In the morning of our second day of driving the Route 66, we woke up in our cozy guestroom in Bea’s and Meredith’s house in Barstow. We ate breakfast with them, took pictures, hugged and said our goodbyes, and then we were off on the road again. It was a very hot day, reaching 37 degrees as we entered the Mojave Desert.
The next part of Route 66 is also known as ‘Ghost Town Road’, as the stretch is home to many abandoned mining towns, some of which are now completely demolished with no traces left of their existence.
The most famous ghost town, Calico Ghost Town, is very much still alive and thriving. Calico is a former mining town located in the Calico Mountains of the Mojave Desert region of California. The mining town was founded in 1881 with the opening of the Silver King Mine after silver was discovered in the mountains. In the mid-1880s, Silver King Mine was the largest silver producer in California, and the town of Calico grew into a large village with a population of 1,200 people and with over 500 mines during the height of silver production from 1883 to 1885.
A few years later, colemanite was discovered in the Calico Mountains, which helped the village’s fortunes, and the population rose to 3,500 people by 1890. But when the Silver Purchase Act was enacted in 1890, it drove down the price of silver, resulting in many of the silver mines of Calico closing. This was the beginning of Calico’s decline, and by the turn of the century, Calico was a ghost town. After 1907, when the town was completely abandoned, many of the original buildings were moved to nearby villages.
In 1951, Walter Knott purchased the village of Calico and began restoring the remaining buildings to original condition referencing old photographs. In 1966, Knott donated the village to San Bernardino County, and it beame a County Regional Park.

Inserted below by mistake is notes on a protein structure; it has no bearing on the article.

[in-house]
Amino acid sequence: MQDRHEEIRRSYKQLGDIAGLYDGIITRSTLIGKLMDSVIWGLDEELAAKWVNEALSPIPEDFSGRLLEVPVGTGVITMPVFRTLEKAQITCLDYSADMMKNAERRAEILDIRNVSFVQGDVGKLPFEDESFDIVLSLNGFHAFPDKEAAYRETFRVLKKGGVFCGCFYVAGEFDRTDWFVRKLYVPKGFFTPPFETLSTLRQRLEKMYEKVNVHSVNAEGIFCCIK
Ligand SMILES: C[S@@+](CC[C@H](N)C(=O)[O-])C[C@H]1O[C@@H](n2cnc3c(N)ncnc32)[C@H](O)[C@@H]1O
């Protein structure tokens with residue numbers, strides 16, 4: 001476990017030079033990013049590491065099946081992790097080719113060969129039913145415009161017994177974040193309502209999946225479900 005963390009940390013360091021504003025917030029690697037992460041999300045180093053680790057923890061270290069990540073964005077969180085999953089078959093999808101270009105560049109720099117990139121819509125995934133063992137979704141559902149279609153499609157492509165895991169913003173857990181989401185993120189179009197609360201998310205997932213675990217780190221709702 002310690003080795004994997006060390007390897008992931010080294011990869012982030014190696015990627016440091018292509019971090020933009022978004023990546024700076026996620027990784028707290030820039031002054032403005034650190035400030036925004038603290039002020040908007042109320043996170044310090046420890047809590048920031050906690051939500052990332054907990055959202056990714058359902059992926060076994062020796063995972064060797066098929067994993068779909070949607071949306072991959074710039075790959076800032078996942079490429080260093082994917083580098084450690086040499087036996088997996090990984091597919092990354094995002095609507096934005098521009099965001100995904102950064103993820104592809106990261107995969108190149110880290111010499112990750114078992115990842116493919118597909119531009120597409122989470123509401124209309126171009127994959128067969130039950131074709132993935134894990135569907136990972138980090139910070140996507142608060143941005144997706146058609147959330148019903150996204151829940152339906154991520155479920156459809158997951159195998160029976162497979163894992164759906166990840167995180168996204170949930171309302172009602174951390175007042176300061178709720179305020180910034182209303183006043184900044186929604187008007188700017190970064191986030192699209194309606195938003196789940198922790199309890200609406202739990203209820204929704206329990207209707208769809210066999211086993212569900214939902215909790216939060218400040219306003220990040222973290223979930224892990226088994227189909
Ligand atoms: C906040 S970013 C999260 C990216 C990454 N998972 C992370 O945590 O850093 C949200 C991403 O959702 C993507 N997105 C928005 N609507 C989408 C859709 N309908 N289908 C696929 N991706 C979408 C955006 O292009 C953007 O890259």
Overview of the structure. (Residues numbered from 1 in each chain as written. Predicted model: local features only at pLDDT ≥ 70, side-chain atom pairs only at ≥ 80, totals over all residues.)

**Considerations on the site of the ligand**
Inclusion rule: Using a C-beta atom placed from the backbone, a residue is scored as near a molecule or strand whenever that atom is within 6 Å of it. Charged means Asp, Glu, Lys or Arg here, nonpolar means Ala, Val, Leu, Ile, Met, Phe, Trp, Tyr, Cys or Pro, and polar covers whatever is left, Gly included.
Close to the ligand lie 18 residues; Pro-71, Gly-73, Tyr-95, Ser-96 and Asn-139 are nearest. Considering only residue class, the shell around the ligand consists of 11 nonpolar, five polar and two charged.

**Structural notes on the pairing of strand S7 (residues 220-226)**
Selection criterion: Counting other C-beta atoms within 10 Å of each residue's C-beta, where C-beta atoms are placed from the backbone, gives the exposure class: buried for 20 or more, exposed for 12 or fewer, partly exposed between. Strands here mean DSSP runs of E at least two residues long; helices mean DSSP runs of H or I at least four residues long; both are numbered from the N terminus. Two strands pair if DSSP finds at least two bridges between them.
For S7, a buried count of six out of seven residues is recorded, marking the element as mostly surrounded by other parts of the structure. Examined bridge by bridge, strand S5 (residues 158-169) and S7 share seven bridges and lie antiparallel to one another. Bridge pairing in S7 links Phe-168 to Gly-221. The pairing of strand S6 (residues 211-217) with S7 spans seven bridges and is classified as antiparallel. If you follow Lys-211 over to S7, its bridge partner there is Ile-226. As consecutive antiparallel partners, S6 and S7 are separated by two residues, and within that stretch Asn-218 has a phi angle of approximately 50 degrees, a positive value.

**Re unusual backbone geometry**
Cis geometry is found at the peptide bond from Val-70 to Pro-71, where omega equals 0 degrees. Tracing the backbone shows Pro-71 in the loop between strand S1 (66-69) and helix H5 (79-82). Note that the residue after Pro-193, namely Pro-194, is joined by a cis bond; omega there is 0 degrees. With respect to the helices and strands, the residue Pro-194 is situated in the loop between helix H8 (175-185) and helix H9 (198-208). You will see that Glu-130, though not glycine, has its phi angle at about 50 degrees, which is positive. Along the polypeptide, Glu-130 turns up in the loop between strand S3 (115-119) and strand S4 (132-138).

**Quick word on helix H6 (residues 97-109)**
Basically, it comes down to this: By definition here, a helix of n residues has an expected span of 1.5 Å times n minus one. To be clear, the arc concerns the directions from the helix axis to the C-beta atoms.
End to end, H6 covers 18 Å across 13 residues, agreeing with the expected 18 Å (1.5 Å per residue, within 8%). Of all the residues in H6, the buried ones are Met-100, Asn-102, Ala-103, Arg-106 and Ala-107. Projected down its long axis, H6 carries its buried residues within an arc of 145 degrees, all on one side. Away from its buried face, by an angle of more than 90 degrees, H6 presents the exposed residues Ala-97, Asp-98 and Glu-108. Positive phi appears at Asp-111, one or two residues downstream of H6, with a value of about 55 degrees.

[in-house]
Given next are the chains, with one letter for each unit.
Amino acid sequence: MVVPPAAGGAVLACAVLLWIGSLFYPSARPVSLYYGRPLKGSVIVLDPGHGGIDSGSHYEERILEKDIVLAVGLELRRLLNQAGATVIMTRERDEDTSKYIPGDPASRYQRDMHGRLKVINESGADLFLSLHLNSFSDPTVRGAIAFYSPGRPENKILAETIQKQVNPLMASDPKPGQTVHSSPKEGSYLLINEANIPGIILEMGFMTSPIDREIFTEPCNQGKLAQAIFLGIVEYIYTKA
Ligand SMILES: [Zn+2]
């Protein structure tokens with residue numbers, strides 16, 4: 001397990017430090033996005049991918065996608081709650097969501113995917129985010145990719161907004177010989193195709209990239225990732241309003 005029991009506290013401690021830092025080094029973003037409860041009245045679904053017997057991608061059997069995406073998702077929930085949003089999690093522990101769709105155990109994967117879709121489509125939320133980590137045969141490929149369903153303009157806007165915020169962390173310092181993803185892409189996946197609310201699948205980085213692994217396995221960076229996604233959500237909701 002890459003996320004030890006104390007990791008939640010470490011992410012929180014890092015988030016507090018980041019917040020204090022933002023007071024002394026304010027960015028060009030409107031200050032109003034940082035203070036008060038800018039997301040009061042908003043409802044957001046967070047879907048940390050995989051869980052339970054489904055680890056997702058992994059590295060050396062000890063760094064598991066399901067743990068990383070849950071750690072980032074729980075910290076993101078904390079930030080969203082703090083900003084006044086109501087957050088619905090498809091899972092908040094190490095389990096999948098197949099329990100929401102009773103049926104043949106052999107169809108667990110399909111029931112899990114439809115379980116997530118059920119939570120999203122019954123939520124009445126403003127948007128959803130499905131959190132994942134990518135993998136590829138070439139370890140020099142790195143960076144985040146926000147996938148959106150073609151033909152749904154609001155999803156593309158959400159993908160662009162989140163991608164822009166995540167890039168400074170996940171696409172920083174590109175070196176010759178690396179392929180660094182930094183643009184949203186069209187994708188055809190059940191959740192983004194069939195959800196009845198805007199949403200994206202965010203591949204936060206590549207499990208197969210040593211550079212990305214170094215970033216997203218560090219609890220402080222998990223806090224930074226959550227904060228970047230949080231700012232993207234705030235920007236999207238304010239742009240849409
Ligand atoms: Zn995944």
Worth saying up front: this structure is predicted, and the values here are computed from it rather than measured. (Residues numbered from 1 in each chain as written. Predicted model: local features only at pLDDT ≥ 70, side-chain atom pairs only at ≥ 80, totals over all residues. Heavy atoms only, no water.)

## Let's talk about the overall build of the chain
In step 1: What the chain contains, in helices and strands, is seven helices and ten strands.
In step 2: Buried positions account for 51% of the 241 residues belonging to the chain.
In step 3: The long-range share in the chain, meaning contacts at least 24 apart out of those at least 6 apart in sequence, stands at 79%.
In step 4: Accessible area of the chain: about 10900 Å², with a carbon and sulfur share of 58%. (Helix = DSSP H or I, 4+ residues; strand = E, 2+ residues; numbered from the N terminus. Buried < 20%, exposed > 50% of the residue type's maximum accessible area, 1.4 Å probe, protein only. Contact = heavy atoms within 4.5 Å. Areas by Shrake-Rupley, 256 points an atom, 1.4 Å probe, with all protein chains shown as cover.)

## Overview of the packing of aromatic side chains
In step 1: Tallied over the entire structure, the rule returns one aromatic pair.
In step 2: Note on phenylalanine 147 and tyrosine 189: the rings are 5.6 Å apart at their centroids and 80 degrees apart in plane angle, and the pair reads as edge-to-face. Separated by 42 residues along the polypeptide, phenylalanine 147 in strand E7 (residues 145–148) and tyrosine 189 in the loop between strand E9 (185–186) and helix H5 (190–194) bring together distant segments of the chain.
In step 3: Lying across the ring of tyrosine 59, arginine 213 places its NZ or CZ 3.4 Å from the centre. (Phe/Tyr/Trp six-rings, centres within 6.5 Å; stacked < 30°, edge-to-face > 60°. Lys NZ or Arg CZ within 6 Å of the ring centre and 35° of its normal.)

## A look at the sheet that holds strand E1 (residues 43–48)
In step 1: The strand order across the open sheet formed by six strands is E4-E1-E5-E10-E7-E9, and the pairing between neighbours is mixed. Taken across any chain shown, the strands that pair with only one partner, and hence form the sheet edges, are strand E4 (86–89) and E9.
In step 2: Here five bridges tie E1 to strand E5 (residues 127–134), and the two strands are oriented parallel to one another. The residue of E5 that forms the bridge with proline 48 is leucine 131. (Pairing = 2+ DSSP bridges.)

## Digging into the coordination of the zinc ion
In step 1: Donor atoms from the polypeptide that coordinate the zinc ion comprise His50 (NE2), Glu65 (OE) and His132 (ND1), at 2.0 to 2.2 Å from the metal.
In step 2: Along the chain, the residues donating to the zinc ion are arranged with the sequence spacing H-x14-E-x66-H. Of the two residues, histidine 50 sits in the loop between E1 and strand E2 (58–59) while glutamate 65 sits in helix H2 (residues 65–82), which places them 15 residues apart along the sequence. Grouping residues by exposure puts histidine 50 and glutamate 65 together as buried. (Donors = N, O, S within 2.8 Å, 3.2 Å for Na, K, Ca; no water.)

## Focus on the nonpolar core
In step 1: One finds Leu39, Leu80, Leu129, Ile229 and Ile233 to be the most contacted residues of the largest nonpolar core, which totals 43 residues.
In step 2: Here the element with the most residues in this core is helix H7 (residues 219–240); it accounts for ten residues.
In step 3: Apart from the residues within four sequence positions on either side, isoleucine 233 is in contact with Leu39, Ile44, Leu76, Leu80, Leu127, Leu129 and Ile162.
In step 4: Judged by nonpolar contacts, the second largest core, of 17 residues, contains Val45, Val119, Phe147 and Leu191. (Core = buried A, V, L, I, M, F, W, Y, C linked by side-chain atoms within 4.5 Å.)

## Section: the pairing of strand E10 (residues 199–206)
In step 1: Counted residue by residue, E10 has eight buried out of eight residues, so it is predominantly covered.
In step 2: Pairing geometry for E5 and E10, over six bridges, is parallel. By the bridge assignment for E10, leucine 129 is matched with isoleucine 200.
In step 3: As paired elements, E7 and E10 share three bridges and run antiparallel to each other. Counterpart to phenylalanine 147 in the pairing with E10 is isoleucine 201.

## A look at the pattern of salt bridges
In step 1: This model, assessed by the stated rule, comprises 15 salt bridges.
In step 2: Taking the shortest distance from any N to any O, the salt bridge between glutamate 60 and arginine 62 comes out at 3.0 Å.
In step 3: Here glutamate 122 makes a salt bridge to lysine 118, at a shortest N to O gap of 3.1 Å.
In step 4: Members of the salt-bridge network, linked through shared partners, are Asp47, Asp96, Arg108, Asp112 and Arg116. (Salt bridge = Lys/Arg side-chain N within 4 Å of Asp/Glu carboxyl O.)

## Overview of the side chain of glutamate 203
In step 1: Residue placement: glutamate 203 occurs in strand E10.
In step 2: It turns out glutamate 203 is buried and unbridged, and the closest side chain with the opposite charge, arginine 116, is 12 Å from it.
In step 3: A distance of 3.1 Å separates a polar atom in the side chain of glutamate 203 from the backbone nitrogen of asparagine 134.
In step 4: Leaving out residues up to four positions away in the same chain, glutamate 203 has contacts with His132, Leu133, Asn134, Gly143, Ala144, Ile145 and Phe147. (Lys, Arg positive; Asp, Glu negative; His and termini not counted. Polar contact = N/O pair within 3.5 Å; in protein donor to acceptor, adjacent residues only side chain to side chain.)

The town has since been converted into an open air museum called Calico Ghost Town, where tourists can get a somewhat authentic experience of how life used to be in a small silver rush village. The place was very atmospheric and just like I had imagined the ghost towns along Route 66 to be like, although I recognize its inauthenticity.
Back on the historical Route 66 we went. I was loving the fact that we got to drive so much of the original road that day, up until we had to turn off for Las Vegas.
Our next stop along the road was Bagdad Café, a very atmospheric little café with posters, stickers and flags from all over the world plastered across the walls and ceiling.
The café was made famous by the 1987 German film ‘Bagdad Café’. The name of the café back then was actually Sidewinder Café, but it was still chosen for the film although the former town of Bagdad, which is now completely demolished, actually had a “Bagdad Café”. Even though then-Sidewinder Café lies 50 miles from the former town of Bagdad, it adopted the name of “Bagdad Café” to attract tourists coming from all over the world to experience the little café’s special road-side atmosphere.
Our next mission was to try to find the two neighbouring ghost towns of Siberia and Bagdad, as we didn’t know that they had both been demolished several years ago, leaving no trace of either of them. The road was very rough, probably actual original Route 66 road from back in the days. Instead of finding any traces of the two ghost towns, we found something else really interesting; The Amboy Crator, an extinct cinder cone type of volcano, rising high above a large lava field in the Eastern Mojave Desert.
The next stop for us on Route 66 was the village of Oatman. Unfortunately, we had to turn off Route 66 and enter Highway 40 on the stretch from Amboy to Needles, as the stretch was closed. Before getting to Needles, we stopped at a GINORMOUS Walmart located literally in the middle of the remote Mojave Desert, where we shopped for necessities and I bought a tripod, as I had forgotten mine for the upcoming eclipse.
On this stretch, we entered the canyon state of Arizona!